Friday, January 4, 2013

Pining for Asia: Seaweed Egg Drop Soup

Cheesin' at the Great Wall of China
Last July I spent an entire month traveling China and Taiwan with my sister. My trip to Asia was an incredible, whirlwind experience that I can never recreate. However, what I can do my best to replicate is (arguably) the most exciting part of the trip; the food!

Now that I have completely outed myself as a foodie, I can freely describe some the meals I've been longing for since coming back home to Jersey. Among the top ten are stinky tofu, milk tea, hot pot (an incredible Asian rendition of fondu), and seaweed egg drop soup. More specifically, the seaweed egg drop soup we enjoyed while antiquing in downtown Beijing and which has haunted my dreams since August. Feast your eyes on this magical meal:

The magical soup in question is on the right.

It has the effect of comfort food, but with a beautiful array of Asian flavors that make me hungry just thinking about them. After discussing recently with my sister how much we both miss this particular dish, I decided to give it a try. Here's what I came up with as the closest match.

Note: do not be afraid of seaweed! This is a great introductory seaweed recipe for anyone tentative about the stuff. You can include as much or as little as you like: just adjust the salt and broth accordingly.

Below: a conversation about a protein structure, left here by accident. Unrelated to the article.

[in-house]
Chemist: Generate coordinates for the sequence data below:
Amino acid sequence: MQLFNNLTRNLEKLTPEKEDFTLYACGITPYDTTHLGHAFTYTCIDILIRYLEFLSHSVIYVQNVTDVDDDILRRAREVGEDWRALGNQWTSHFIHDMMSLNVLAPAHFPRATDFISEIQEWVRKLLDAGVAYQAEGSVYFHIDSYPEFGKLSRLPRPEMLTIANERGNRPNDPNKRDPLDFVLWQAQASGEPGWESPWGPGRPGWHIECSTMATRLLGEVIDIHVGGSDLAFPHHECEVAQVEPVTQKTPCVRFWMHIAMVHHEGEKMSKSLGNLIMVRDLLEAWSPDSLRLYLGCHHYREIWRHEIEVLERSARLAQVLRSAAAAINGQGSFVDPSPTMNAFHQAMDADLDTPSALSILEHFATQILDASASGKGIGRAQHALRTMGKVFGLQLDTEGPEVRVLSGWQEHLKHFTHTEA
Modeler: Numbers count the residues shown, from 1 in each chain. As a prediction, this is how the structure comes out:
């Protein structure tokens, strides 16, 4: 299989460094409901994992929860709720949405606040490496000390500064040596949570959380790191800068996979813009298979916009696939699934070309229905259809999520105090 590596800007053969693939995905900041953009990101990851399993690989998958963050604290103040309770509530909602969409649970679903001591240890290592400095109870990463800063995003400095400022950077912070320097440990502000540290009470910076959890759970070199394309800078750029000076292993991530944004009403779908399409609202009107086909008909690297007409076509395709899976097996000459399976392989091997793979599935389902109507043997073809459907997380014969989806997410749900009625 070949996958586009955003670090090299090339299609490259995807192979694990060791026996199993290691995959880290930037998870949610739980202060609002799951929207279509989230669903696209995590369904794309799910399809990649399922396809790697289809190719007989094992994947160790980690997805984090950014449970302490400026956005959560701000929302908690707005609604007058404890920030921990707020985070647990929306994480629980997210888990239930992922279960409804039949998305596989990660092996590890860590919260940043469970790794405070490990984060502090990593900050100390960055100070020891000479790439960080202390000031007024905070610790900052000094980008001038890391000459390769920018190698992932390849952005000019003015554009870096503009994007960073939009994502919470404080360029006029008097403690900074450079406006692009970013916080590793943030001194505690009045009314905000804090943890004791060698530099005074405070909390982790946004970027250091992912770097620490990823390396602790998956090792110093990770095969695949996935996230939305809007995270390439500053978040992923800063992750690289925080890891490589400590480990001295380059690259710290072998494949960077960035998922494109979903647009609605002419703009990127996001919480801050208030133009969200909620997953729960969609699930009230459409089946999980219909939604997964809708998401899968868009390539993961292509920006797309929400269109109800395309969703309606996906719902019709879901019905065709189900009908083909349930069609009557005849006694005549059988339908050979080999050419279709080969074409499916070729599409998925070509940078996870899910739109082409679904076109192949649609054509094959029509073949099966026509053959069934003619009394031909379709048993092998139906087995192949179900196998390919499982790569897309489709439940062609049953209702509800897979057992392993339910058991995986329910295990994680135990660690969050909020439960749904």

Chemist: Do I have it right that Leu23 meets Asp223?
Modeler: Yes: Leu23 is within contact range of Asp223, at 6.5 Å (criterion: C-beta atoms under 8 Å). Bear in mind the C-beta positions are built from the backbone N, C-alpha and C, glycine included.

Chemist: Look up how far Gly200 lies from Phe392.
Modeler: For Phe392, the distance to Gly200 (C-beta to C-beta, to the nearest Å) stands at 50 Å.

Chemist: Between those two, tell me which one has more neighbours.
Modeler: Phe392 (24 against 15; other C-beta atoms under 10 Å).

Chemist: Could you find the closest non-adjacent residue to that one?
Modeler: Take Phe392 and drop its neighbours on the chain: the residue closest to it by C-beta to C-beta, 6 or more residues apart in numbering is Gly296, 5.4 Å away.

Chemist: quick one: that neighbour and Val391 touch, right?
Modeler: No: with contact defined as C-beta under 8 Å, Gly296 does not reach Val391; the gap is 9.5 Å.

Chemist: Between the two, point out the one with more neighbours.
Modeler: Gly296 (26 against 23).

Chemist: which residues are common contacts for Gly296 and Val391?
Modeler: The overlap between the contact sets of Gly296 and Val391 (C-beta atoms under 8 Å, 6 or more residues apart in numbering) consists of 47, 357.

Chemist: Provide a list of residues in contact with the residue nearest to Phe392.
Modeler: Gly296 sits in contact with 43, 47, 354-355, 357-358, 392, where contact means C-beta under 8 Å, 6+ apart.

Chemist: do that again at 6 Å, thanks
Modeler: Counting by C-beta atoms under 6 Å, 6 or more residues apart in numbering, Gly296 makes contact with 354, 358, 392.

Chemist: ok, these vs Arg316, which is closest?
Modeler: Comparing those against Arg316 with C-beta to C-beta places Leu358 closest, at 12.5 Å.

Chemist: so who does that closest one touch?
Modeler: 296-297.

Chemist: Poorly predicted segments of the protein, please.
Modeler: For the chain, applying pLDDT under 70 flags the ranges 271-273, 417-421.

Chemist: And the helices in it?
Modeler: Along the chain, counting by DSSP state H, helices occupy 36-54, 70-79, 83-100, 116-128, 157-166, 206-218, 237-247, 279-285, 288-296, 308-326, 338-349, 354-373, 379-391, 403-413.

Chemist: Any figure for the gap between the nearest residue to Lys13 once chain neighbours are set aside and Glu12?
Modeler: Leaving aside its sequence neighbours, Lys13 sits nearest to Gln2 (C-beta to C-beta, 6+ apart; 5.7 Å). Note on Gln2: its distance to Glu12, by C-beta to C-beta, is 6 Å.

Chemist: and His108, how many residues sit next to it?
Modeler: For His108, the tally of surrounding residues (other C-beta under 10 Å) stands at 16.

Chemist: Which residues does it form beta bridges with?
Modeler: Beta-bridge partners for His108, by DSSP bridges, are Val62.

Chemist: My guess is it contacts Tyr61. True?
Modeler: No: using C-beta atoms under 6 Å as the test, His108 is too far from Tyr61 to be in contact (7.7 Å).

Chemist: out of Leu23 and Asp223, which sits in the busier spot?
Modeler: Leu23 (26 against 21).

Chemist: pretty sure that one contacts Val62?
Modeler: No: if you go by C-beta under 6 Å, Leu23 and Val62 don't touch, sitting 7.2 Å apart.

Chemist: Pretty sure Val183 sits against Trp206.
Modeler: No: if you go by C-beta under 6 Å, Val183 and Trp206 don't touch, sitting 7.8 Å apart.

7 cups of broth (chicken or vegetable)

2 cups of water

A few good grinds of black pepper

Half teaspoon white pepper

One teaspoon of crushed red pepper

Half teaspoon ground ginger

Half of one large onion, diced

2 cups of dried seaweed, cut into long thin strips

3 eggs, beaten


Bring the broth and water to a boil in a large pot on high heat. I cheated and used bouillon cubes, but you can use whatever you want. Add all ingredients except for the eggs and reduce to medium heat. Stir constantly for one or two minutes. While pouring the eggs in SLOWLY, whisk the soup constantly. If you pour too quickly you'll wind up with big clumps of egg. Which is fine if that's what you want. I was going for authenticity so I wanted the thin strands like I originally experienced in Beijing. Be sure to taste the broth and adjust your spices to your preference! If you used less seaweed you may want to add a dash of sea salt. Leave on low heat for about 45 minutes to allow the onions to soften and all the wonderful flavors to meld. Then serve it up with some sesame crackers and green tea!

The end result with my failed photo skills:

A close second by comparison!

I'll always miss my trip to Asia, the amazing experiences I had, and the exotic foods I had the opportunity to try. But maybe, just maybe, with some more experimenting in my kitchen, I'll miss the food a little bit less!


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